Most professional golfers begin honing their skills from a very young age, benefitting from years of experience and coaching.
However, there are a few exceptional individuals who defied the odds and started on their golfing journey later in life. These late bloomers serve as a testament to the power of passion, hard work, and determination.
In the article below, we will explore the inspiring stories of professional golfers who started their golfing careers later than their peers. We have a lot to cover so let’s jump in!
8 Golfers That Turned Professional Late
Below are 8 impressive professional golfers who started their career later than most of their peers. They come from all over the world with diverse backgrounds. Let’s take a look at these inspiring individuals.
Miguel Ángel Jiménez
Perhaps the most famous name on the list, Miguel Ángel Jiménez, is affectionately known as the “Mechanic.” Jiménez didn’t start playing golf until he was 15 years old.
While most professional golfers have already logged countless hours on the course by that age, Jiménez’s natural talent and love for the game propelled him to success.
Tom Lehman didn’t seriously pursue golf until his mid-20s, a significantly later start compared to many of his peers.
Prior to his golfing career, Lehman was a high school teacher and coach. His late start didn’t deter him, though. He worked relentlessly on his game, eventually becoming a major champion by winning the 1996 Open Championship.
His success highlighted that a true passion for the sport and an unwavering work ethic can overcome the constraints of a late start.
While not as late a bloomer as some of the others mentioned, Steve Stricker began to find his stride in professional golf later in his career.
Stricker was a successful amateur and had a brief stint on the PGA Tour in his younger days. However, he struggled to maintain his card.
After taking some time off and reevaluating his approach to the game, he returned to professional golf with renewed determination in his late 30s.
He achieved significant success in his 40s, including a strong Ryder Cup presence and multiple PGA Tour wins.
On the LPGA Tour, Paula Creamer started playing golf around the age of 10, which might not seem “late” in a general sense.
However, considering the trend of golfers starting from a very young age, Creamer’s relatively later entry into the game is notable.
She turned professional at 18 and quickly rose to prominence, winning the U.S. Women’s Open in 2010 and solidifying her place as a top player on the tour.
Ken Tanigawa, a former investment banker, was in his mid-40s when he decided to pursue a career in professional golf.
Tanigawa had always been an avid golfer, but his demanding career had left him with little time to devote to the sport.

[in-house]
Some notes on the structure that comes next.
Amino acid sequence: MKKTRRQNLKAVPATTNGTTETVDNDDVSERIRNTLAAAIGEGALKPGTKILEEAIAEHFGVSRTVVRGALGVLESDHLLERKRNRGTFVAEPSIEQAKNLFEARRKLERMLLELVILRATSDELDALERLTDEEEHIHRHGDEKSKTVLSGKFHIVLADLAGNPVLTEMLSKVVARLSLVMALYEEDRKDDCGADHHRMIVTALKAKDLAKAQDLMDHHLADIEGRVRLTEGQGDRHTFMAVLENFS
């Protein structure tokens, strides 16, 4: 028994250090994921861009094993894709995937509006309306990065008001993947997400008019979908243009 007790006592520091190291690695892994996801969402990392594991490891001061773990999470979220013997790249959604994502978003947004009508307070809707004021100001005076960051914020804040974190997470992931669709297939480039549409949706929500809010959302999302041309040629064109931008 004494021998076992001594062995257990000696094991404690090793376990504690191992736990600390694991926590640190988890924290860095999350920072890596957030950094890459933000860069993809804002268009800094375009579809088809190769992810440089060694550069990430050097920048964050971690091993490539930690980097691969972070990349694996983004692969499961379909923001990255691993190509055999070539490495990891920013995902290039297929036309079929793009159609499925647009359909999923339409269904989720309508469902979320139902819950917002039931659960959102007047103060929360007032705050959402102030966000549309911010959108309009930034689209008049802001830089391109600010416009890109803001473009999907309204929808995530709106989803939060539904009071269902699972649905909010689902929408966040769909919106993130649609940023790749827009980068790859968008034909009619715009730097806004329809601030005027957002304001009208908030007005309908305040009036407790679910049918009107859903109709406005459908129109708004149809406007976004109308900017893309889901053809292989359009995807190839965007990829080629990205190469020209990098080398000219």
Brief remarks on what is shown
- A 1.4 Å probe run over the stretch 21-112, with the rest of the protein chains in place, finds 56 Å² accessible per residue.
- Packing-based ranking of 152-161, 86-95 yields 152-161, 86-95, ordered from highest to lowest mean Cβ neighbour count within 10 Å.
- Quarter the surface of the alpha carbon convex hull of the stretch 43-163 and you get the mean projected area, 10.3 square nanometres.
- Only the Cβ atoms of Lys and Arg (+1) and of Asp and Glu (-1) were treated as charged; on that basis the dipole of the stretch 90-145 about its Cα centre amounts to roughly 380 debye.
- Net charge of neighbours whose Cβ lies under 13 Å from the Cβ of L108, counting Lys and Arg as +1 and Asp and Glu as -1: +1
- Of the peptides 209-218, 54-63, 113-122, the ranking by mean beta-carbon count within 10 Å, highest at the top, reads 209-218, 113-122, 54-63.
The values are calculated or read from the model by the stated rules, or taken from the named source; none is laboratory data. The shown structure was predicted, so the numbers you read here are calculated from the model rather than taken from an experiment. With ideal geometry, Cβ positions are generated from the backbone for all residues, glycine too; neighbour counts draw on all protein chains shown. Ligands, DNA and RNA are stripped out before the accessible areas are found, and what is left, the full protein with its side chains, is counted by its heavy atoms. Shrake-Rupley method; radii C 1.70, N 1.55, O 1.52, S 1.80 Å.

Despite the odds stacked against him, he turned pro at the age of 50. He successfully navigated the ranks of amateur golf before earning his place on the PGA Tour Champions circuit.
Kirk Triplett took an unconventional path to professional golf. He was a college basketball player and only began playing golf in his mid-20s.
Despite his lack of experience, he turned pro and found success on the PGA Tour Champions circuit. Triplett’s journey underscores that transferable skills from other sports, combined with dedication, can lead to impressive achievements even when the start is delayed.
The world of professional golf is not limited to the men’s game alone. Esther Woodward, an inspirational figure. She didn’t begin her golfing journey until her early 20s due to family commitments and a lack of resources.
She started as a caddie, which allowed her to immerse herself in the sport. Through sheer determination and hard work, she earned a scholarship to college, joined the LPGA Tour, and became an advocate for diversity and inclusion in golf.
Mildred “Babe” Zaharias is one of the most versatile athletes in history. She initially gained fame as a track and field athlete. She won two gold medals and a silver medal at the 1932 Summer Olympics.
Later in life she transitioned to golf and started playing seriously in her mid-20s. Despite her relatively late start, Zaharias became one of the greatest female golfers of all time, winning 10 major championships and paving the way for women in golf.
These golfers, along with those previously mentioned, prove that a late start in golf doesn’t necessarily equate to missed opportunities. Instead, it can be the beginning of an inspiring journey driven by passion, dedication, and a desire to excel in the sport.
These remarkable individuals stand as living proof that the clock doesn’t dictate success.
While most golfers begin their careers when they are young, these late bloomers show that dedication, perseverance, and passion can help you achieve greatness at any age.
From Miguel Ángel Jiménez, with his unique charm and late start at 15, to Paula Creamer, who made her mark on the LPGA Tour starting at 10, and Ken Tanigawa, who left a successful career behind to turn pro at 50, each story exemplifies the power of unwavering dedication.
Even unconventional paths, like Kirk Triplett’s transition from college basketball to professional golf, and Esther Woodward’s inspiring journey from caddie to advocate for diversity and inclusion, show us that with perseverance, dreams can come true.
And let’s not forget the incredible Babe Zaharias, who conquered not just golf, but multiple sports, proving that it’s never too late to become a legend.
In the end, these golfers teach us that a late start can be the beginning of an extraordinary journey, driven by passion, tenacity, and a burning desire to excel in the sport they love.
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